BLOOD SUPPLY CHAIN OPERATIONAL EFFICIENCY IMPROVEMENT BY AGENT BASED SIMULATION

Open Access
Author:
Choi, Sung Hee
Graduate Program:
Industrial Engineering
Degree:
Doctor of Philosophy
Document Type:
Dissertation
Date of Defense:
March 05, 2015
Committee Members:
  • Soundar Rajan Tirupatikumara, Dissertation Advisor
  • David Arthur Nembhard, Committee Member
  • Tao Yao, Committee Member
  • Kyusun Choi, Committee Member
Keywords:
  • Blood Supply Chain
  • Agent-Based Simulation modeling
Abstract:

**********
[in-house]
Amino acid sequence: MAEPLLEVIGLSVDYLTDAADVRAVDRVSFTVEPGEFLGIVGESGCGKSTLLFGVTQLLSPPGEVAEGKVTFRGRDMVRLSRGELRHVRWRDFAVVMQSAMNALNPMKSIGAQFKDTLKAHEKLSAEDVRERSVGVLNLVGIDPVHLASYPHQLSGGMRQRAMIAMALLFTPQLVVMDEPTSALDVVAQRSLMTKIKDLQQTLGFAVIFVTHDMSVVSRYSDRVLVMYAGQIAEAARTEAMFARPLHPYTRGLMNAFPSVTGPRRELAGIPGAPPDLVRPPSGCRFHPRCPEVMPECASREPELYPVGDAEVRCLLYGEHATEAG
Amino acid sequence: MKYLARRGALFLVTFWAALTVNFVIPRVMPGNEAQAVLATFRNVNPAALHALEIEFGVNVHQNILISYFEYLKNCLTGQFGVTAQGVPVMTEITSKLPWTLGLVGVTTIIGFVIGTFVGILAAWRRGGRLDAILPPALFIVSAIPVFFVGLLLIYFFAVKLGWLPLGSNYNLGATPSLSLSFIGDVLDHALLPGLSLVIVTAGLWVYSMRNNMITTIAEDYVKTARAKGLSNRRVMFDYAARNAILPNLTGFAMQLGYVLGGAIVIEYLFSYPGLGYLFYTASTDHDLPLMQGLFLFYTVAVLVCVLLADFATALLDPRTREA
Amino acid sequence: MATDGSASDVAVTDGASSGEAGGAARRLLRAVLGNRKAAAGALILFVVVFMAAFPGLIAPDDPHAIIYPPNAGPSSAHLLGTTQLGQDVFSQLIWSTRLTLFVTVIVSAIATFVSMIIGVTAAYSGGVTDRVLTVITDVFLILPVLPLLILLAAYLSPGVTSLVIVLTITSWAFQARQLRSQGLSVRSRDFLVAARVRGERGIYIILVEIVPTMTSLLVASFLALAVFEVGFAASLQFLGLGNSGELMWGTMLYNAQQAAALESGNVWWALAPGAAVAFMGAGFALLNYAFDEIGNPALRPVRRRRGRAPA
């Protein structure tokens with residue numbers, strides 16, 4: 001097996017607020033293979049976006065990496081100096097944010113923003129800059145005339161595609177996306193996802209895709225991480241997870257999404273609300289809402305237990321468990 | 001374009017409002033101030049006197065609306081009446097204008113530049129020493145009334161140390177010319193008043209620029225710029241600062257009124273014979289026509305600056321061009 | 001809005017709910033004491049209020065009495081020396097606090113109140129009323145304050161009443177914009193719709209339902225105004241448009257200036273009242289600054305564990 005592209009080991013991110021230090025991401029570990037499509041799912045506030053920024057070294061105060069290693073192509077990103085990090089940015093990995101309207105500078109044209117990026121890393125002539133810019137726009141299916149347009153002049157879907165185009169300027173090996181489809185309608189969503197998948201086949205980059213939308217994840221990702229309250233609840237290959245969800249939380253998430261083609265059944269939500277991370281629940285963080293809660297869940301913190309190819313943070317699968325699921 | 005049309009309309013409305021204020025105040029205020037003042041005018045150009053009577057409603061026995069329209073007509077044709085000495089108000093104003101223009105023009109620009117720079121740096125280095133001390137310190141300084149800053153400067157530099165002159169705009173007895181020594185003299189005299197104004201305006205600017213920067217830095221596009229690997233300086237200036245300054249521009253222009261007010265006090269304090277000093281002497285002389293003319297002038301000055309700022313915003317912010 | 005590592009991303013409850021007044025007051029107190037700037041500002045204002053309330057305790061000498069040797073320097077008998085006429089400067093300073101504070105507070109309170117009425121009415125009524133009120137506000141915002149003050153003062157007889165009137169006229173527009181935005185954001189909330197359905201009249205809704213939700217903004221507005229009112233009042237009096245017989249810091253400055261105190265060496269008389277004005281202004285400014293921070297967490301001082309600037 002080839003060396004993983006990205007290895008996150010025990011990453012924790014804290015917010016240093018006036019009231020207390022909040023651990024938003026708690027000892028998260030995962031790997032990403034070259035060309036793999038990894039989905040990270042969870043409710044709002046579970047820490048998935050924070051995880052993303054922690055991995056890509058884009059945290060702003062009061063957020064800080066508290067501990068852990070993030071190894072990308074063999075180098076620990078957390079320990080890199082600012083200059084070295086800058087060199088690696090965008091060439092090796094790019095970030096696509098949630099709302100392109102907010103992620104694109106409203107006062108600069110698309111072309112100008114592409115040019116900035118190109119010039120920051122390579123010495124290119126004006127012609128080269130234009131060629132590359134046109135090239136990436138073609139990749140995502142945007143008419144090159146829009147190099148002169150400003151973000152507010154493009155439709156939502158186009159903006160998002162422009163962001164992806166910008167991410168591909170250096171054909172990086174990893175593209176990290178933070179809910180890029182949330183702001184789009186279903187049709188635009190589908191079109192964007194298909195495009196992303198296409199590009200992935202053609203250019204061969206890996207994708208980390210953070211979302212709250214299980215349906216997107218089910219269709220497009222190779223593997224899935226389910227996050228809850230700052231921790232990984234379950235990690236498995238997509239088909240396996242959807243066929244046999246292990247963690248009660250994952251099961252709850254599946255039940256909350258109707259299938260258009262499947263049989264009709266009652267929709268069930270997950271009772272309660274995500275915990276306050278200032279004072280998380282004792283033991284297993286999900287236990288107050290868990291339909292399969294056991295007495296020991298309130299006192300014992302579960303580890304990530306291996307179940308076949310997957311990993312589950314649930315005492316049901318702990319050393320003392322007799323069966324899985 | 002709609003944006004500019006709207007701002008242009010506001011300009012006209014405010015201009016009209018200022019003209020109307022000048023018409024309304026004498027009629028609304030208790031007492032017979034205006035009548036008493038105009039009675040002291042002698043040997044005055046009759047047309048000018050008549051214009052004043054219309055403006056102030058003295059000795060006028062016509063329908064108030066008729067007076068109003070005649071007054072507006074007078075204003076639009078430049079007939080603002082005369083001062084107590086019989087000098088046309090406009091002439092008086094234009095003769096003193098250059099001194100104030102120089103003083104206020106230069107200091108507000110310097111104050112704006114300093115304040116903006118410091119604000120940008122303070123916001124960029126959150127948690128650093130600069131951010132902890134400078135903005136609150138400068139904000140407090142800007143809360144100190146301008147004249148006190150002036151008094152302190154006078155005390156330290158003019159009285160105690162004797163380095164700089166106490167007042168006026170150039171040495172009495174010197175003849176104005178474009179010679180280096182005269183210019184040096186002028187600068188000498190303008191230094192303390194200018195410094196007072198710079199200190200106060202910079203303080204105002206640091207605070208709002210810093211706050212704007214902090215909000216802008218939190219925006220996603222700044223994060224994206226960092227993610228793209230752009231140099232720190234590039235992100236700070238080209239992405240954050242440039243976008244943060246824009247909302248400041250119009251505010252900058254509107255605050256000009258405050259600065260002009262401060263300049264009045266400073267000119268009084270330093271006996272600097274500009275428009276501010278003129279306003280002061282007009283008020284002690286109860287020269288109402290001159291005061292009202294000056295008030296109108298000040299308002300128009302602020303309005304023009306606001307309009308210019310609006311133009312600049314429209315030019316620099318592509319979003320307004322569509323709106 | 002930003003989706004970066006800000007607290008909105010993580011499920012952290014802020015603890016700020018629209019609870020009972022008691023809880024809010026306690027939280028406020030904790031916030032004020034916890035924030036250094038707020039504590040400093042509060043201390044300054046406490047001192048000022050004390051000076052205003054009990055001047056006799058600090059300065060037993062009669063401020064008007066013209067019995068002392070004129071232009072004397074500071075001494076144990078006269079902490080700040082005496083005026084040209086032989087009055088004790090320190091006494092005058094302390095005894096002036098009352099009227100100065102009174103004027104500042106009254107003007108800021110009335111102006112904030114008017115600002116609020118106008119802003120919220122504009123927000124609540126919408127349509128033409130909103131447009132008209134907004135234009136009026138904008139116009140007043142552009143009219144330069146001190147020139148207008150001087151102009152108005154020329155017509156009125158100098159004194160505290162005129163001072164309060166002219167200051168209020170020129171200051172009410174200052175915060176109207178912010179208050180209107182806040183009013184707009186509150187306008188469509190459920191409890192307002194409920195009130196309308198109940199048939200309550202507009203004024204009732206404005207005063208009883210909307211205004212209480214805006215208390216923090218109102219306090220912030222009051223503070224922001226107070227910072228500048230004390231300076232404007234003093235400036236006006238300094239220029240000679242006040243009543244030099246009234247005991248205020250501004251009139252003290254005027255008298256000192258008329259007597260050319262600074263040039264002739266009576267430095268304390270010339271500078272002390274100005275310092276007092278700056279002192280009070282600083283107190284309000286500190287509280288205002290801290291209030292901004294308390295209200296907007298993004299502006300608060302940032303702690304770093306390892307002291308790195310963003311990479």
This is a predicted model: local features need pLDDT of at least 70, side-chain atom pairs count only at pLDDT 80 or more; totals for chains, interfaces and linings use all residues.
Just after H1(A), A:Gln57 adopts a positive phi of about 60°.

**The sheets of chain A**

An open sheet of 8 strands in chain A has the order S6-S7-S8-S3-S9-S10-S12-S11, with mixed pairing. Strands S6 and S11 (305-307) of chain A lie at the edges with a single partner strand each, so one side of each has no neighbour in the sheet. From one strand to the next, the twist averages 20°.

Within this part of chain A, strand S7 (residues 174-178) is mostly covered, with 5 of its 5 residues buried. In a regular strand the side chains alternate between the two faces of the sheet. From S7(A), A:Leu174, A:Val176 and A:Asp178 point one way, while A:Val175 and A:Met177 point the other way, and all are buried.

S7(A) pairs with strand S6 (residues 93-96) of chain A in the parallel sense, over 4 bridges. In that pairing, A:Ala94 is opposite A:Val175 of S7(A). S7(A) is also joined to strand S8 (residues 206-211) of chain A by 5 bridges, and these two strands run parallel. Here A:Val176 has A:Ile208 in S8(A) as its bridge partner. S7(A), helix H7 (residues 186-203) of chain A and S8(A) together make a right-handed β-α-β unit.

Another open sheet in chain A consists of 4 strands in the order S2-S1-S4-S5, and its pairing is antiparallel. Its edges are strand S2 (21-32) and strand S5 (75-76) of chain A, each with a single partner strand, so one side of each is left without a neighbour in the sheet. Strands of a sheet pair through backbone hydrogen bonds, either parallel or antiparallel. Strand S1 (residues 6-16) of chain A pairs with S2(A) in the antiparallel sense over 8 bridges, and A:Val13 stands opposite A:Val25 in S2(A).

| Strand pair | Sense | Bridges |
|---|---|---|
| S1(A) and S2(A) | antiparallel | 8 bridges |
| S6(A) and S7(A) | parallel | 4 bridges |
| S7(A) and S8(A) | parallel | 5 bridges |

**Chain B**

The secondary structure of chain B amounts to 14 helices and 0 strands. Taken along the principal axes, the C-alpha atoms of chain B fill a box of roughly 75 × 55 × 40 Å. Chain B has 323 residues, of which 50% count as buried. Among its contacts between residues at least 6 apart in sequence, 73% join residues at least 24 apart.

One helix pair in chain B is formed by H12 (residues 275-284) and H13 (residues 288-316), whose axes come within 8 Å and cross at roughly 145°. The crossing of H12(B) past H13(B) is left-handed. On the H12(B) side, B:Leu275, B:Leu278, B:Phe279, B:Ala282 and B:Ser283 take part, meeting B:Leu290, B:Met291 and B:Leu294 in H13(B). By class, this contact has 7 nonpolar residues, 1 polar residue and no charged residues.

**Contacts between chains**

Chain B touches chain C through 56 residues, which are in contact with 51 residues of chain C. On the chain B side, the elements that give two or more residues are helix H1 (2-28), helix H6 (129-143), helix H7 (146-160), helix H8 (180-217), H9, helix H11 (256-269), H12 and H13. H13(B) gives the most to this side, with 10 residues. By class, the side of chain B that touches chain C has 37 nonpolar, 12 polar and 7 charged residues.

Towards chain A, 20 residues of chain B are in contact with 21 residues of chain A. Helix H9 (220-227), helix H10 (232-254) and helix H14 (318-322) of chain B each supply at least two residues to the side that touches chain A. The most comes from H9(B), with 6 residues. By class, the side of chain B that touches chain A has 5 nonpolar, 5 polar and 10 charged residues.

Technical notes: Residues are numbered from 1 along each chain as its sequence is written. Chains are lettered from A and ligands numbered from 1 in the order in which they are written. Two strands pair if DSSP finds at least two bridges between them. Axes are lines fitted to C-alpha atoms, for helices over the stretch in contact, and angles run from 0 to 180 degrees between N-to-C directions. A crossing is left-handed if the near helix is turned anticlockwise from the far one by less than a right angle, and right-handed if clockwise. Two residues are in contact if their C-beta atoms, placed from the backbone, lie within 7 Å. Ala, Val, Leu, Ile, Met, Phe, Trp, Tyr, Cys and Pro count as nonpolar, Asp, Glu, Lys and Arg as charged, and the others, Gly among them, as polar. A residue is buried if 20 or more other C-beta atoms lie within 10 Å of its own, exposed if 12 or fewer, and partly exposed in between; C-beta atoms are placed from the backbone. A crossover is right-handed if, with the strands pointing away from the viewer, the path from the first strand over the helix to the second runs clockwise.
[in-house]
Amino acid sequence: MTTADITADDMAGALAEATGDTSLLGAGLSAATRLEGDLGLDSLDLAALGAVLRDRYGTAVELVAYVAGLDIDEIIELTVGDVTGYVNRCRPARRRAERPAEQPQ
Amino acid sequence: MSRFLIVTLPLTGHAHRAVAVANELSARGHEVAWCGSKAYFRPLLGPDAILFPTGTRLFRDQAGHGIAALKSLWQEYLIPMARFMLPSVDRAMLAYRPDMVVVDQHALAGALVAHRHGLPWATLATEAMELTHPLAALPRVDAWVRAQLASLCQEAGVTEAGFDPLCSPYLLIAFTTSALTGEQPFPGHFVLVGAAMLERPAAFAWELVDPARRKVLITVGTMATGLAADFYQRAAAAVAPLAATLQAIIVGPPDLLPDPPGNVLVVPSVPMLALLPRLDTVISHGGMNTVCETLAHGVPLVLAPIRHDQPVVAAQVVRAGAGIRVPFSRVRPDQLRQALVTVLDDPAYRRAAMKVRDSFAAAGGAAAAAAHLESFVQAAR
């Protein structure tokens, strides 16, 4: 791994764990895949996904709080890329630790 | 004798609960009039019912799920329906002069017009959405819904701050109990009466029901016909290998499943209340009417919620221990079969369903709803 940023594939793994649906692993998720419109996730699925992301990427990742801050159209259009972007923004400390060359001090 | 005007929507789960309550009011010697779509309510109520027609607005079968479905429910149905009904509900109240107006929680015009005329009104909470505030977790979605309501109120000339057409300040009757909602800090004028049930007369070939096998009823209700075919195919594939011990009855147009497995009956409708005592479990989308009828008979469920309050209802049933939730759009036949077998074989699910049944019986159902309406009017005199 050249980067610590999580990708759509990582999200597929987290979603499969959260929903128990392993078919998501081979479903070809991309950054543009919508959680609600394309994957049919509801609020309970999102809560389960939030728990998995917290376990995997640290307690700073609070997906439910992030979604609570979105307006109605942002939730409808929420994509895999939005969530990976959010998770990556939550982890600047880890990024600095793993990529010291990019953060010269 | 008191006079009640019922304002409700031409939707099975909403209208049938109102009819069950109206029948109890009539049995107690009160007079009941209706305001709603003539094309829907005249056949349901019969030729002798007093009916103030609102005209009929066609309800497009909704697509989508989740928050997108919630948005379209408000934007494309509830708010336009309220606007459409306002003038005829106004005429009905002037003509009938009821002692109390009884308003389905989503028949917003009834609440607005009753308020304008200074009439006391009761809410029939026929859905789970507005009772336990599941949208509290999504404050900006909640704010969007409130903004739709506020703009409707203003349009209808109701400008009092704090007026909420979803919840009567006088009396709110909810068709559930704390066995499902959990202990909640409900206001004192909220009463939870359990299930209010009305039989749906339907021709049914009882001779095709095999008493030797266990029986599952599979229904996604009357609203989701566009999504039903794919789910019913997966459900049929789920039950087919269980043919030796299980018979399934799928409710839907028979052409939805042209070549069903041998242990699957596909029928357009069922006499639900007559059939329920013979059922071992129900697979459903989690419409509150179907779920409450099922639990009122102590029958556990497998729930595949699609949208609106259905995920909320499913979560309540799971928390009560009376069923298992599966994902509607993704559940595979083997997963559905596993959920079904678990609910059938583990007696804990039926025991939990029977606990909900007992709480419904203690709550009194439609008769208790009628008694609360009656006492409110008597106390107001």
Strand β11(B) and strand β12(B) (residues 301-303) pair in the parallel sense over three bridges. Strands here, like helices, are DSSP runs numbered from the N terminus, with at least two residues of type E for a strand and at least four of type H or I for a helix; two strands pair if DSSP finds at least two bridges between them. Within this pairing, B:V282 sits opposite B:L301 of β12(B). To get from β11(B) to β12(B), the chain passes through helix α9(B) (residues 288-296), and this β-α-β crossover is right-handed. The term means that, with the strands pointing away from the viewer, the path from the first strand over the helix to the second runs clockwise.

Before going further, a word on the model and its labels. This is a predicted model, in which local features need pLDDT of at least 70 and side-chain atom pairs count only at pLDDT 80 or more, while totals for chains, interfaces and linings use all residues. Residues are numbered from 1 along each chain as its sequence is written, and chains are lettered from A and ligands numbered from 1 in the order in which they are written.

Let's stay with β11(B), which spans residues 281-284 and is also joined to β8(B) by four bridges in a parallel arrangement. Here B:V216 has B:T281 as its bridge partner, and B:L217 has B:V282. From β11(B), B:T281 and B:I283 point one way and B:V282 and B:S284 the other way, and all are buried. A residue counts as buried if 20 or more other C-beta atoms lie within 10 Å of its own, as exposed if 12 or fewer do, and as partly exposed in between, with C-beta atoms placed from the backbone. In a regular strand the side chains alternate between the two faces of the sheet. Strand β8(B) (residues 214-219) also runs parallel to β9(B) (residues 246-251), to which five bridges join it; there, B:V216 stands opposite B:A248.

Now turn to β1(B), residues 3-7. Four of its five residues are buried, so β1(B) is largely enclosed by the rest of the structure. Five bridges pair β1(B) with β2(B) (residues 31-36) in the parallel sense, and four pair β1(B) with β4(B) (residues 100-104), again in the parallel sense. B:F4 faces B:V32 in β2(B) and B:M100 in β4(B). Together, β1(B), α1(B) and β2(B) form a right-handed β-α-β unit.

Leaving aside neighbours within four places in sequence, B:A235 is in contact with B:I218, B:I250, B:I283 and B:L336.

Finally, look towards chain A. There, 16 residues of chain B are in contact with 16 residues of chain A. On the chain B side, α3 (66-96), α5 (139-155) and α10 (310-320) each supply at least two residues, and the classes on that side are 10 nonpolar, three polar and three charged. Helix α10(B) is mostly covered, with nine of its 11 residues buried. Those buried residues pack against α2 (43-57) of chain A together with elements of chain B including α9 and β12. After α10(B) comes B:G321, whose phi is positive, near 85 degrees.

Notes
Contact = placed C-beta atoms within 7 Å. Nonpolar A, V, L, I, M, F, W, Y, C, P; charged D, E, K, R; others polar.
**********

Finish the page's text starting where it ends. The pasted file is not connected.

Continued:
Blood is a critical resource for hospitals and other care giving institutions, and shelf life of blood units tends to be very short. Moreover, the demand for the blood units generally outruns the supply. So, it is important to use and manage blood units efficiently. A community blood bank normally struggles to distribute the blood units based on the demand at each hospital under its geographical reach in fair a manner, keeping shortage as low as possible. The community blood bank should assign blood units through a balanced assignment strategy. Hospitals strive to secure blood units through an efficient ordering policy through which they can fulfill orders, minimize wastage and shortage. Each of these institutions - hospitals and blood banks have their own goals, are autonomous in decision making and exemplify a multi agent system. Given the conflicting yet collaborative nature of the objectives, this research addresses the issue of generating optimal blood unit assignment policies for the blood bank and optimal ordering policies for hospitals working in a collaborative manner. We develop methods for communication between hospitals and blood banks. We formulate and solve for optimal ordering policies for hospitals and assignment policies for community blood banks. From this understanding we suggest two ordering policies to fulfill the shortfall to test whether the current ordering policies are appropriate or not. To compare the effectiveness of optimal solutions, we build a multi-agent based simulation model in NetLogo and study different scenarios and the effectiveness of optimal solutions generated. We use the metrics of wastage and shortfall in each hospital to study the effectiveness of optimal solutions.